New rules for transferring Post 9/11 GI Bill benefits

News

New rules for transferring Post 9/11 GI Bill benefits

by: Kim Suchek | .
. | .
published: July 29, 2013

Hello Military Families,

As of Aug. 1 this year, there are new rules in place regarding the transfer of Post 9/11 GI Bill for service members and their families, so let’s review them.

WHAT IS TRANSFERABILITY?
The Post-9/11 GI Bill allows service members (officer or enlisted, active duty or selected reserve) from Aug. 1, 2009, forward to transfer unused education benefits to their spouse and children. The service member must have at least six years of service, and commit to an additional four years of service in order to transfer benefits to their family members. Because of the potential impact of this benefit on recruiting and retention, the transferability policy is determined by the Department of Defense and the military services.

For further information on eligible service members, eligible family members and nature of transfer, go to http://www.gibill.va.gov and/or call 888-442-4551.

CHANGES TO POLICY:
Until this change, service members who were nearing, or at, retirement eligibility qualified for options that reduced the service obligation requirements. But now, those who request transfer of their Post 9/11 GI Bill education benefits to family members will be obligated to serve four more years.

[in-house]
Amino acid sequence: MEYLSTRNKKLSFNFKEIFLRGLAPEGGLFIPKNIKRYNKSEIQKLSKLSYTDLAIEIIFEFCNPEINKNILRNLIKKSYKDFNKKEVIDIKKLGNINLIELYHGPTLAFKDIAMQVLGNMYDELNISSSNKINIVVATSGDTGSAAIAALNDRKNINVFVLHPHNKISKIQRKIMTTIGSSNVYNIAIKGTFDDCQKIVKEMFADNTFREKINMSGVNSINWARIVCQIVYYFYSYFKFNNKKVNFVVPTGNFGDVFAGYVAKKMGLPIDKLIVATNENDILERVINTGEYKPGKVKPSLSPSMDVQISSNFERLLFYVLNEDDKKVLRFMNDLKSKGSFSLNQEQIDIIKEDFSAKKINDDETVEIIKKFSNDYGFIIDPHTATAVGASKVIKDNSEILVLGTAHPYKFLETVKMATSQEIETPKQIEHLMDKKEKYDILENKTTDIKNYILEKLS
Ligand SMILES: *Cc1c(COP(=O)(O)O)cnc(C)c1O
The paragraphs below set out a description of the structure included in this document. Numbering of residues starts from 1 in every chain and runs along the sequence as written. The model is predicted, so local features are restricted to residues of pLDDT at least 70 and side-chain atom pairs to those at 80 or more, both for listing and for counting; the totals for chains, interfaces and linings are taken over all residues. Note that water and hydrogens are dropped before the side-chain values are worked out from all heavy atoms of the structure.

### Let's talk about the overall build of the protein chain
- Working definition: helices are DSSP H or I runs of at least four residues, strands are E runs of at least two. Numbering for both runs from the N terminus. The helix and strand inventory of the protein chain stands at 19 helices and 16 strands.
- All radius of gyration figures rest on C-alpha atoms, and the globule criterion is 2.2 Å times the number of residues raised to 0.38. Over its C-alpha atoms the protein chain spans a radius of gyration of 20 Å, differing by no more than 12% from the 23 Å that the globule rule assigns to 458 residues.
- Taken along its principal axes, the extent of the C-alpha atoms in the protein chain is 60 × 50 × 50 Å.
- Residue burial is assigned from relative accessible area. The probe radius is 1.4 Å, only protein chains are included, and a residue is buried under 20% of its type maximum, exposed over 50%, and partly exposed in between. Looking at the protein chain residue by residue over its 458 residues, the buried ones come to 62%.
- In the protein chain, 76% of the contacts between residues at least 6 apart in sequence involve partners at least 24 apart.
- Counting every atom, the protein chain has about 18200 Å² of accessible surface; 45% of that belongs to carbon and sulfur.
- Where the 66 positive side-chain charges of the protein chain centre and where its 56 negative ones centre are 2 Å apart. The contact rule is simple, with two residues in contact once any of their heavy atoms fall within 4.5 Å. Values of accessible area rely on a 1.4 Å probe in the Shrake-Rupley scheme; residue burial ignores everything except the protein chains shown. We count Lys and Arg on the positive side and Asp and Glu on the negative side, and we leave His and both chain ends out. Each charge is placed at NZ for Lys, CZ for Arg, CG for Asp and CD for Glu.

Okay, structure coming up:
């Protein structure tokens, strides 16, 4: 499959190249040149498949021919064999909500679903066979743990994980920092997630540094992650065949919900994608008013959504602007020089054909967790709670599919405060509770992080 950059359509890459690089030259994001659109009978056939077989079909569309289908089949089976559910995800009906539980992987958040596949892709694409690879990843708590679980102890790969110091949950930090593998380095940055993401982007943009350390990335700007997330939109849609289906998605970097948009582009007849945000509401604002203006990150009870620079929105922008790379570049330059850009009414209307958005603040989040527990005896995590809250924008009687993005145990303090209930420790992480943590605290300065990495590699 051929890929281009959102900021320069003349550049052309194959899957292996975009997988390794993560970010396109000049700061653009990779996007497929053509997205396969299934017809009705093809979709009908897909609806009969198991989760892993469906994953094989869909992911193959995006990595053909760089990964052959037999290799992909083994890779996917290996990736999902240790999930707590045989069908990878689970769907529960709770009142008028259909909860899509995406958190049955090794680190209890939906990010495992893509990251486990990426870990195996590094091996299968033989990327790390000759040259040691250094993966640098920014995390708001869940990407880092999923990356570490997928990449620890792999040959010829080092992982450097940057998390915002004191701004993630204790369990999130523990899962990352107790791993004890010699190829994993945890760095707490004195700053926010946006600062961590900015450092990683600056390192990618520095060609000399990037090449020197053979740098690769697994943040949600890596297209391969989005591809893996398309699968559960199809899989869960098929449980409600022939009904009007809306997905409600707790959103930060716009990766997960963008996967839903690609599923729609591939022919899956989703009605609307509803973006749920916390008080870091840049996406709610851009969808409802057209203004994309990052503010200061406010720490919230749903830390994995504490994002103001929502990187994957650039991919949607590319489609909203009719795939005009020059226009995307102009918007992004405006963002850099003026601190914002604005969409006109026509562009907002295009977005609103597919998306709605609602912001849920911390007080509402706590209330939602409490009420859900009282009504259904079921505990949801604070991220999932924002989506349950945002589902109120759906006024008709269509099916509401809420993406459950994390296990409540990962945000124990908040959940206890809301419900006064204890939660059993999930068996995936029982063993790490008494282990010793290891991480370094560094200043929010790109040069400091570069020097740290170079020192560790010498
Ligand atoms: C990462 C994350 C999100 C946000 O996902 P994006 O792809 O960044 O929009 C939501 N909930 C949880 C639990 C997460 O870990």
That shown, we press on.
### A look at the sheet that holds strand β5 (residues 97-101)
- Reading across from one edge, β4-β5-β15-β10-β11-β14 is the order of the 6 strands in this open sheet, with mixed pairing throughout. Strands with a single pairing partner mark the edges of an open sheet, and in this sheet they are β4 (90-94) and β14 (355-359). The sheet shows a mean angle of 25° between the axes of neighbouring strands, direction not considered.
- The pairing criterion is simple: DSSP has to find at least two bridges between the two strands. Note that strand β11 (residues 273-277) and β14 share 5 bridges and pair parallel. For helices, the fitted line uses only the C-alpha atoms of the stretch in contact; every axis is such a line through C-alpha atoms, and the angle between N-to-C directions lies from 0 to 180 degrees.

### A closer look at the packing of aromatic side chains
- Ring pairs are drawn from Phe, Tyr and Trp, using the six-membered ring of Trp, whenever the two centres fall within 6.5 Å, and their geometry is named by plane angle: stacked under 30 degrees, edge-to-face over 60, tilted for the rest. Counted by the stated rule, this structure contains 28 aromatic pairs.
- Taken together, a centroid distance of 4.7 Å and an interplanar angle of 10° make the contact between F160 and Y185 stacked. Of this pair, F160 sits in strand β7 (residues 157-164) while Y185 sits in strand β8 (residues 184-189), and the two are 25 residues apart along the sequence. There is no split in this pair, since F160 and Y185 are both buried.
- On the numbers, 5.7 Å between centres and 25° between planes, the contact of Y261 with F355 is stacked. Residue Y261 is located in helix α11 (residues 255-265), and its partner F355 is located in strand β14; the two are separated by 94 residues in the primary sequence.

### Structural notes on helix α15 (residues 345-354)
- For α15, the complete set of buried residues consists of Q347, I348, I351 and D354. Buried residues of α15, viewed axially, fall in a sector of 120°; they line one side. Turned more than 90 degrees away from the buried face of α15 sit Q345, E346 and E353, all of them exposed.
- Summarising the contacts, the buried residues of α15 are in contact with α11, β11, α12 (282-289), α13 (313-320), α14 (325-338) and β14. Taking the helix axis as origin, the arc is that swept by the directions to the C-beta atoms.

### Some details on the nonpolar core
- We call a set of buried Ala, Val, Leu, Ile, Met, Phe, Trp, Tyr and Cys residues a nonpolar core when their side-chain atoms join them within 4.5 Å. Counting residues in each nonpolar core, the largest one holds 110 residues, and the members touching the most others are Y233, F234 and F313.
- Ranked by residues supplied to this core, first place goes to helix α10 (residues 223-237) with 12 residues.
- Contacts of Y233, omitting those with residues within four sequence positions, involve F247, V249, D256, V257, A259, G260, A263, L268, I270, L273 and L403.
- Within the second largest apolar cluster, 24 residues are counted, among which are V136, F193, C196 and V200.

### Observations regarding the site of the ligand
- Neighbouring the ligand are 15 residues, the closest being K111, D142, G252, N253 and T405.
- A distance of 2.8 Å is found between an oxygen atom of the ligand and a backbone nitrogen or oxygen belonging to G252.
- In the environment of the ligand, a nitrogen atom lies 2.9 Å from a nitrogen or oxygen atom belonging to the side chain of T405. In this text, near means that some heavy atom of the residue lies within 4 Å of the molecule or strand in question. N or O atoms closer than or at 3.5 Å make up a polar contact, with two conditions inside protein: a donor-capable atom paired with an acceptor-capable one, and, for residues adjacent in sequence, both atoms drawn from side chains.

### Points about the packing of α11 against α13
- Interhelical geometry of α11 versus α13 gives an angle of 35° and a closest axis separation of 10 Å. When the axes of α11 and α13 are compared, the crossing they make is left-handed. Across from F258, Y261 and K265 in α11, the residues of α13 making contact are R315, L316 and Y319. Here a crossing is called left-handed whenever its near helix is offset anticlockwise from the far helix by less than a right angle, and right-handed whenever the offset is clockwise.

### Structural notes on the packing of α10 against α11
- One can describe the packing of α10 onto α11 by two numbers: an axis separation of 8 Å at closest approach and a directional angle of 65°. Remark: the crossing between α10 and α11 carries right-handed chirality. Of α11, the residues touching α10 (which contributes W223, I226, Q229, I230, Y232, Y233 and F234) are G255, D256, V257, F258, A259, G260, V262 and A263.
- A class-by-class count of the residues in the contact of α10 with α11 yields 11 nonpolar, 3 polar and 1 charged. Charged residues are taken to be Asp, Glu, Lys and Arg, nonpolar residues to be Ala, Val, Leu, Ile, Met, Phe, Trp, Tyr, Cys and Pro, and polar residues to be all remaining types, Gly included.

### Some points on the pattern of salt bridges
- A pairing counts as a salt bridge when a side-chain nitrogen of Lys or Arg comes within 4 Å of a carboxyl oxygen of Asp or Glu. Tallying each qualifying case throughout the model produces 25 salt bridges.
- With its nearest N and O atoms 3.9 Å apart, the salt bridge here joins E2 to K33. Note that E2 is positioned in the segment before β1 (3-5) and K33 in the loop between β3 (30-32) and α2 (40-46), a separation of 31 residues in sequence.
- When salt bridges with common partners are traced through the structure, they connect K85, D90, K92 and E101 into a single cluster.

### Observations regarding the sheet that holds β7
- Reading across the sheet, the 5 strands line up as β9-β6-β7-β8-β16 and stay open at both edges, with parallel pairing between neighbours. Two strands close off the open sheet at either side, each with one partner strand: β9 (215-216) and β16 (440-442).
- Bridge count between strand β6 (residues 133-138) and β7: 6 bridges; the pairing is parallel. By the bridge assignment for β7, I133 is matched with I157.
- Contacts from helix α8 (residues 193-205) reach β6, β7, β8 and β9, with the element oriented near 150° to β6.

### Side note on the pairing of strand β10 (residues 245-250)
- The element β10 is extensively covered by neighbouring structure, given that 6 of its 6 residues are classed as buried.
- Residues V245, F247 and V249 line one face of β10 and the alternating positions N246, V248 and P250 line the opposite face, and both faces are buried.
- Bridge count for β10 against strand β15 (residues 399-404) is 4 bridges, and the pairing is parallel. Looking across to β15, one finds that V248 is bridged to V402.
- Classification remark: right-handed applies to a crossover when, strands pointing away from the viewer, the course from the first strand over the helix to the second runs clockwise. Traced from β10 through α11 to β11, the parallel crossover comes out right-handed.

This four-year obligation applies regardless of a service member’s time in service, and is part of a long-planned tightening of eligibility rules for the special benefits program. Here’s what you need to know about changes to this program:

  1. The change affects all service members who are retirement-eligible, and who previously would have incurred service obligations of zero, one, two, or three years when they transferred GI Bill benefits to family members. Now, no matter what, it’s four years.
  2. To qualify for the transfer option, service members must be in active status with the military or selected reserve, and have at least six years of service on the date of the request. The Selected Reserve includes service members of the Active Guard and Reserve, units of the National Guard and Reserve and the Individual Mobilization Augmentee Program. Members of the Individual Ready Reserve are not eligible to transfer benefits.
  3. Spouses of eligible applicants may start to use education benefits immediately upon enrollment in the program, and may continue to draw benefits for up to 15 years after the service members separates from active duty.
  4. Dependent children can use the benefit only after the service member/parent has completed at least 10 years of service, and they have attained a secondary school or have reached 18 years of age. Benefits can be used by dependent children until their 26th birthday.

The effective date of any transfer will be no earlier than Aug. 1, 2009, regardless of application date. Applications can be submitted through the MilConnect website, at https://www.dmdc.osd.mil/milconnect/. Service members will be able to securely access this site with a Common Access Card (military ID card), a DOD Self-Service User ID, or a DFAS PIN.

Blessings from our family to yours,

Kim Suchek

If you have any questions or concerns or would like to share a story or situation, contact me at Kim@MilitaryResourceBooks.com and visit my website at MilitaryResourceBooks.com for updated information and other resources not listed in my book.